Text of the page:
Following the defilement of Dinah at Shechem and the act of vengeance executed by Jacob’s sons against the Shechemites, Jacob received God’s instruction to return to Bethel. After eliminating false religious articles from his household and servants, he traveled to Bethel under divine protection, built an altar there, and restated the name he had given the place earlier, calling it El-bethel, meaning “The God of Bethel.” Here Rebekah’s nursing woman Deborah died and was buried. Here, too, Jehovah confirmed the change of Jacob’s name to Israel, restating the Abrahamic promise. – Ge 35:1-16.2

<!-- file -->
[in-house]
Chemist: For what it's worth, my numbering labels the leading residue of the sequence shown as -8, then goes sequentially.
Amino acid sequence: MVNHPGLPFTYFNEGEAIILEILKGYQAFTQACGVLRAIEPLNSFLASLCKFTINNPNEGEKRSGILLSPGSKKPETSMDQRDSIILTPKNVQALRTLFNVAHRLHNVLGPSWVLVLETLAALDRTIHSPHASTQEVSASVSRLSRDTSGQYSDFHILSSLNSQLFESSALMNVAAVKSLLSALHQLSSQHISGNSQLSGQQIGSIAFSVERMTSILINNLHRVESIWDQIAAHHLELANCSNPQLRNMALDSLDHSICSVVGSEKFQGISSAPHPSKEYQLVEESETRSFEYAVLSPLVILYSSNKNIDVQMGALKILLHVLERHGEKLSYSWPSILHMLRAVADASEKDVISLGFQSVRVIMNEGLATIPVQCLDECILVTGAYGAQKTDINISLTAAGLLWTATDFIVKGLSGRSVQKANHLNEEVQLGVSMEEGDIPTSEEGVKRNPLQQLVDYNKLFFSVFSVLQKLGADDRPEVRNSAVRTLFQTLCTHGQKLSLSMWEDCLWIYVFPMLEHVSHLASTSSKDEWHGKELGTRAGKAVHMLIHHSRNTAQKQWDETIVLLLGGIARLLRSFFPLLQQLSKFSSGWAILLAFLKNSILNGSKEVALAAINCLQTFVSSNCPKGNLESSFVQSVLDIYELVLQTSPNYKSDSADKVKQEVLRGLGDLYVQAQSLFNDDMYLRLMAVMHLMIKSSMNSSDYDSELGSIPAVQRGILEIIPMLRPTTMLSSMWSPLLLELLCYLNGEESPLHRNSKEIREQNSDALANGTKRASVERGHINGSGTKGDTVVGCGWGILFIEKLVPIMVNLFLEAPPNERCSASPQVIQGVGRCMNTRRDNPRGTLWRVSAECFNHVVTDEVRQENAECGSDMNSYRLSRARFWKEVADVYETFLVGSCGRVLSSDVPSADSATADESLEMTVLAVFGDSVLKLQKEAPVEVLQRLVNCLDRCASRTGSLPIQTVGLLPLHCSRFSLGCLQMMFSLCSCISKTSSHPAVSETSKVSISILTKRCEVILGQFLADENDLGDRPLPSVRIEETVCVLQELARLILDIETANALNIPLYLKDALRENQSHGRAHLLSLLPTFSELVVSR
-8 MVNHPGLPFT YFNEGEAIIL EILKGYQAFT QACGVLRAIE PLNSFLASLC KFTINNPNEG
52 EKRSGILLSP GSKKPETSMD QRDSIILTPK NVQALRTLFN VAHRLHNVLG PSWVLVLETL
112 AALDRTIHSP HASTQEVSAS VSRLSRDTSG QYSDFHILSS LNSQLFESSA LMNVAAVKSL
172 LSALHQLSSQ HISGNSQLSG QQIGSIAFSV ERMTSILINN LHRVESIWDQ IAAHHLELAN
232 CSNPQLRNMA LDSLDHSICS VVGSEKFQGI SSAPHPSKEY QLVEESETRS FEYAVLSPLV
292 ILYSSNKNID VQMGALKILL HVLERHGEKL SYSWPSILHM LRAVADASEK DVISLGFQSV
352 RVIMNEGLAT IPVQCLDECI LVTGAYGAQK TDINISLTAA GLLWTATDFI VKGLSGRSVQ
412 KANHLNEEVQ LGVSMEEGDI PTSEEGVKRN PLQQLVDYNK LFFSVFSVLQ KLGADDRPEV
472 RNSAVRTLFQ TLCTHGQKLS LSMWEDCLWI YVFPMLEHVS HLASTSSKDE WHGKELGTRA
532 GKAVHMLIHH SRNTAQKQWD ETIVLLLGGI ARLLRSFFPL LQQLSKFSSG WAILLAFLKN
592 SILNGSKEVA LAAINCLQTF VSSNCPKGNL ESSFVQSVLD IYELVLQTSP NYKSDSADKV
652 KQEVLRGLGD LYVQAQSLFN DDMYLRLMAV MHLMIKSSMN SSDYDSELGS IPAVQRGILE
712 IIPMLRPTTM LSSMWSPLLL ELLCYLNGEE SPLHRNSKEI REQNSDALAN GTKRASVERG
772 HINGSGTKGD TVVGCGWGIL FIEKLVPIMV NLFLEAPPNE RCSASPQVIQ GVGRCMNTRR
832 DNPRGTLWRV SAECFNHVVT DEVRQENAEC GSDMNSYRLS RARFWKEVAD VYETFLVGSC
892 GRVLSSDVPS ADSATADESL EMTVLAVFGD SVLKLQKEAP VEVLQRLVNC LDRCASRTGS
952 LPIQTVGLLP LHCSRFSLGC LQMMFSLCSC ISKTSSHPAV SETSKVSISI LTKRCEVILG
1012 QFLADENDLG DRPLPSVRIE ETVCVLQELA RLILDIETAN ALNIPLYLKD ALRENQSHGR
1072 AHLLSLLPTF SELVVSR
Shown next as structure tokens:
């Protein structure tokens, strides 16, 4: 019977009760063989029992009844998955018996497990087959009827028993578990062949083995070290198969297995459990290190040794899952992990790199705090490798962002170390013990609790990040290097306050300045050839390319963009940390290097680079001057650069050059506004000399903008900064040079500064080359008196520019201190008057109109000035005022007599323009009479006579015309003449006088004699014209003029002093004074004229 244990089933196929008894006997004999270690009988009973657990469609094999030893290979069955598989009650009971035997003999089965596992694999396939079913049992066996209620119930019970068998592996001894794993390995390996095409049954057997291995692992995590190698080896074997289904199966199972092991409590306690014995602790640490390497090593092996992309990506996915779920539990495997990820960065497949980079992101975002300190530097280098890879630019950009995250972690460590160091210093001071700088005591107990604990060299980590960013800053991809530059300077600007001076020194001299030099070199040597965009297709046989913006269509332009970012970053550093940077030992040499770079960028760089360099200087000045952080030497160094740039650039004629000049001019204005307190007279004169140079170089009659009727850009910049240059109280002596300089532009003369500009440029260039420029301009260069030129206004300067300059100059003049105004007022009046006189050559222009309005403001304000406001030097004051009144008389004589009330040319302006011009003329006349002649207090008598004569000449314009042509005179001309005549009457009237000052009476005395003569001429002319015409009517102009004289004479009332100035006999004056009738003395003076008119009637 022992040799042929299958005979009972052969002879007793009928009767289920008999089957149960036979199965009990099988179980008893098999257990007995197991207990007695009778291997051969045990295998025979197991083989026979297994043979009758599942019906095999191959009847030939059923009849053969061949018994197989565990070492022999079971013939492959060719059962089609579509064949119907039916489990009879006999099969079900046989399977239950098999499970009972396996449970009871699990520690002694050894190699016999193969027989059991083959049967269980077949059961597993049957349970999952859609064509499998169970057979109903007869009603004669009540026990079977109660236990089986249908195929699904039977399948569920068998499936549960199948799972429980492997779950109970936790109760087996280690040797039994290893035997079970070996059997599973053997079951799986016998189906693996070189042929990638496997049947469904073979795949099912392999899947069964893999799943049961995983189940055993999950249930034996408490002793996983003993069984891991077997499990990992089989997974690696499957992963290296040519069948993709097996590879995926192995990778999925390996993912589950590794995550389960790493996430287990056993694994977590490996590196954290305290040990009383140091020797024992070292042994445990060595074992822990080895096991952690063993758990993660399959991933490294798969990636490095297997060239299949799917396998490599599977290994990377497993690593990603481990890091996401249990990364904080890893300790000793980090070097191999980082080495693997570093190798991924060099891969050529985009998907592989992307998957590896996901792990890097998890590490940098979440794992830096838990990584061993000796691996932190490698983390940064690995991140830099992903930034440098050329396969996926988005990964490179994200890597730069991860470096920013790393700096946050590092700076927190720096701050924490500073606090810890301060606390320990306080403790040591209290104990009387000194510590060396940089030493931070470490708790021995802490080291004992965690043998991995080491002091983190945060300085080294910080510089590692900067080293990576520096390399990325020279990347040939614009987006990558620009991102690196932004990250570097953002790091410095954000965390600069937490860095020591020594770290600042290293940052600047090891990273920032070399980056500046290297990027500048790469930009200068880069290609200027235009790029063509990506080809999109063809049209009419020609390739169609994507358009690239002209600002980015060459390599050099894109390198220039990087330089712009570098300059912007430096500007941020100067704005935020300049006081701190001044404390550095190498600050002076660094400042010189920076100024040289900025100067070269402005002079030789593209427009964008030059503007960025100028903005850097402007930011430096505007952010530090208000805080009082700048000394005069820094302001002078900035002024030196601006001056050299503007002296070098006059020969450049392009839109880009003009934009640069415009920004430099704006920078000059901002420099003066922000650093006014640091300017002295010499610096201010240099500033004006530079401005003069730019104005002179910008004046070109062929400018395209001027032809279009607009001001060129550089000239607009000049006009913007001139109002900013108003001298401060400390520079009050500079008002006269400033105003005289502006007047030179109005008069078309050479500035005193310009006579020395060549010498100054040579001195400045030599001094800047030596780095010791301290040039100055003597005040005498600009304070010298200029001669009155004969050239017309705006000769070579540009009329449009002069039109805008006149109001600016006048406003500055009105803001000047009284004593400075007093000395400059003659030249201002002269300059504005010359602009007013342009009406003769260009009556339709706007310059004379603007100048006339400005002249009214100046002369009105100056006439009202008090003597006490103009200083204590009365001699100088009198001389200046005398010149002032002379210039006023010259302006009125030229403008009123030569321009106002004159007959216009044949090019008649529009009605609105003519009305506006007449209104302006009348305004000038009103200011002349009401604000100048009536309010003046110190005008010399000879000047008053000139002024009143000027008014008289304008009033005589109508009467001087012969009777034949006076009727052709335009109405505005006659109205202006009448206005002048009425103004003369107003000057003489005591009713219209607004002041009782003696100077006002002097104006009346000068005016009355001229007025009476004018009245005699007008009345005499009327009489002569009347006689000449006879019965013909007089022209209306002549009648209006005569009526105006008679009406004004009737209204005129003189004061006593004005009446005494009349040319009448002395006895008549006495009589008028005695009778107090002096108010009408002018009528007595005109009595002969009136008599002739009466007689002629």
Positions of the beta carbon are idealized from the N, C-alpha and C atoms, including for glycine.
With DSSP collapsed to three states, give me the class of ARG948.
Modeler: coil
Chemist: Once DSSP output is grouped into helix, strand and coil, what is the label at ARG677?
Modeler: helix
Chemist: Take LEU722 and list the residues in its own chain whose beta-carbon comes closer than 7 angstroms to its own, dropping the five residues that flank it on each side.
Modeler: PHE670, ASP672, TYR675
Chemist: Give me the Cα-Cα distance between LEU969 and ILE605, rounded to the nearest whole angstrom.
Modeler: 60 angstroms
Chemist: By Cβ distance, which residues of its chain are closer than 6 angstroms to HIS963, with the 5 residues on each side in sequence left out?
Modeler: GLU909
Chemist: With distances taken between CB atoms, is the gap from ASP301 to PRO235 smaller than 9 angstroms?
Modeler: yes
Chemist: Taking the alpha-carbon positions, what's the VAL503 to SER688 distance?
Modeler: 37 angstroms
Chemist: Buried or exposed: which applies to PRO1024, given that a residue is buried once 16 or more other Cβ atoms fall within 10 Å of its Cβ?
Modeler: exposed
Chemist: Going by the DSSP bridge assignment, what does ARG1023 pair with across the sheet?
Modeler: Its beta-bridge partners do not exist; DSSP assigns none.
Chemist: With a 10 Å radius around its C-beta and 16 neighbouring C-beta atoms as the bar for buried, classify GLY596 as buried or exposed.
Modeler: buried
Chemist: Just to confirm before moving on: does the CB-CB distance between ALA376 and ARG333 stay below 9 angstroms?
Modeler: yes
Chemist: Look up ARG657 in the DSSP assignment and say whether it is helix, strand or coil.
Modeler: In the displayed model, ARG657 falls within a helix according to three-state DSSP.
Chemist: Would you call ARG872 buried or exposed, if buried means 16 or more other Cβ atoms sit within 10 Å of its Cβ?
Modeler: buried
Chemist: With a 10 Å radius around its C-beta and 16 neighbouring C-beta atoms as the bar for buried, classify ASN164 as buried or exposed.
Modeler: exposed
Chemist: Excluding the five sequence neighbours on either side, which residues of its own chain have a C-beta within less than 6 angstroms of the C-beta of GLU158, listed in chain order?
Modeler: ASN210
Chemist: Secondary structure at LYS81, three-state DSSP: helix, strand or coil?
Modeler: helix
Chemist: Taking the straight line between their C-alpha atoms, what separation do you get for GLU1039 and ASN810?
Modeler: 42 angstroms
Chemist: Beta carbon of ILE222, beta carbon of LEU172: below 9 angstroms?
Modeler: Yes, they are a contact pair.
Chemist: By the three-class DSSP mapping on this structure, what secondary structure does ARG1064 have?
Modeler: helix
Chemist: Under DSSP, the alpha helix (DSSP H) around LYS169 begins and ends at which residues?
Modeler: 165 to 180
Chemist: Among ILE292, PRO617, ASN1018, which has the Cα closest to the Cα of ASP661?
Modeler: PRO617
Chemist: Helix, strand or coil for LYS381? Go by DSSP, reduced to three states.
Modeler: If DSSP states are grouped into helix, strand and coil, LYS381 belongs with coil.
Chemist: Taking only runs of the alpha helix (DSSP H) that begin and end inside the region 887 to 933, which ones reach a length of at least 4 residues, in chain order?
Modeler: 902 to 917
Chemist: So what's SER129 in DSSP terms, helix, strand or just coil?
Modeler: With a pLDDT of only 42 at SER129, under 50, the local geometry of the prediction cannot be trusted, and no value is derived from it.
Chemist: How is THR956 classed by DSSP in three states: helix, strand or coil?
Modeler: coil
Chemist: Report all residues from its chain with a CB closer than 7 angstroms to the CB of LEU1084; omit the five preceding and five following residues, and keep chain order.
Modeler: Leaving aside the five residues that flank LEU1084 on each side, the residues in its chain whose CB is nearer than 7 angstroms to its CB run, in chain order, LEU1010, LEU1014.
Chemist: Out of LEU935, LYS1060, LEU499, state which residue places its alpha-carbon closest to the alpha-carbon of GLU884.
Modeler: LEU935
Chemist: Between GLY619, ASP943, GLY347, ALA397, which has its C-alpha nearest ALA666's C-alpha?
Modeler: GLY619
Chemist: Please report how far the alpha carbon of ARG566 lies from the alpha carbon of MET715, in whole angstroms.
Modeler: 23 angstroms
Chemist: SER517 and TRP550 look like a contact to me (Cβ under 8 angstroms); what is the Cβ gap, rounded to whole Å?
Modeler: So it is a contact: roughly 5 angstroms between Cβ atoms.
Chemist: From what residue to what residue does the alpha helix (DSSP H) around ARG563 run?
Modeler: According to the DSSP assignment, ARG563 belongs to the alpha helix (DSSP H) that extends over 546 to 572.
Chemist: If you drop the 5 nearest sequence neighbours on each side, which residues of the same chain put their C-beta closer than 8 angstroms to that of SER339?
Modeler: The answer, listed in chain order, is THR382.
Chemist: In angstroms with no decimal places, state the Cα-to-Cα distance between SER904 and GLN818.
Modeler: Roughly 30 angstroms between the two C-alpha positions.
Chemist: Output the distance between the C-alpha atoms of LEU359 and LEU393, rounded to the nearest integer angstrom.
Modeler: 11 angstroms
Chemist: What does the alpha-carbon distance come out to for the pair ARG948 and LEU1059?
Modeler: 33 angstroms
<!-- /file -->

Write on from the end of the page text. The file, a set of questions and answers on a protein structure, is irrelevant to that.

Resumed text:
Bethel was on the circuit visited by Samuel as he judged the people annually at that city as well as at Gilgal and Mizpah, and it was still viewed as a place favored for worship. (1Sa 7:16; 10:3) However, from then till the division of the kingdom (997 B.C.E.), Bethel is mentioned only in connection with King Saul’s stationing of troops in preparation for combat with the Philistines. – 1Sa 13:23

So far, so good. Bethel seems to fit the description in the KM of having a “rich historical background and is appropriate for the world headquarters of Jehovah’s people today.” Let’s go on to our next paragraph: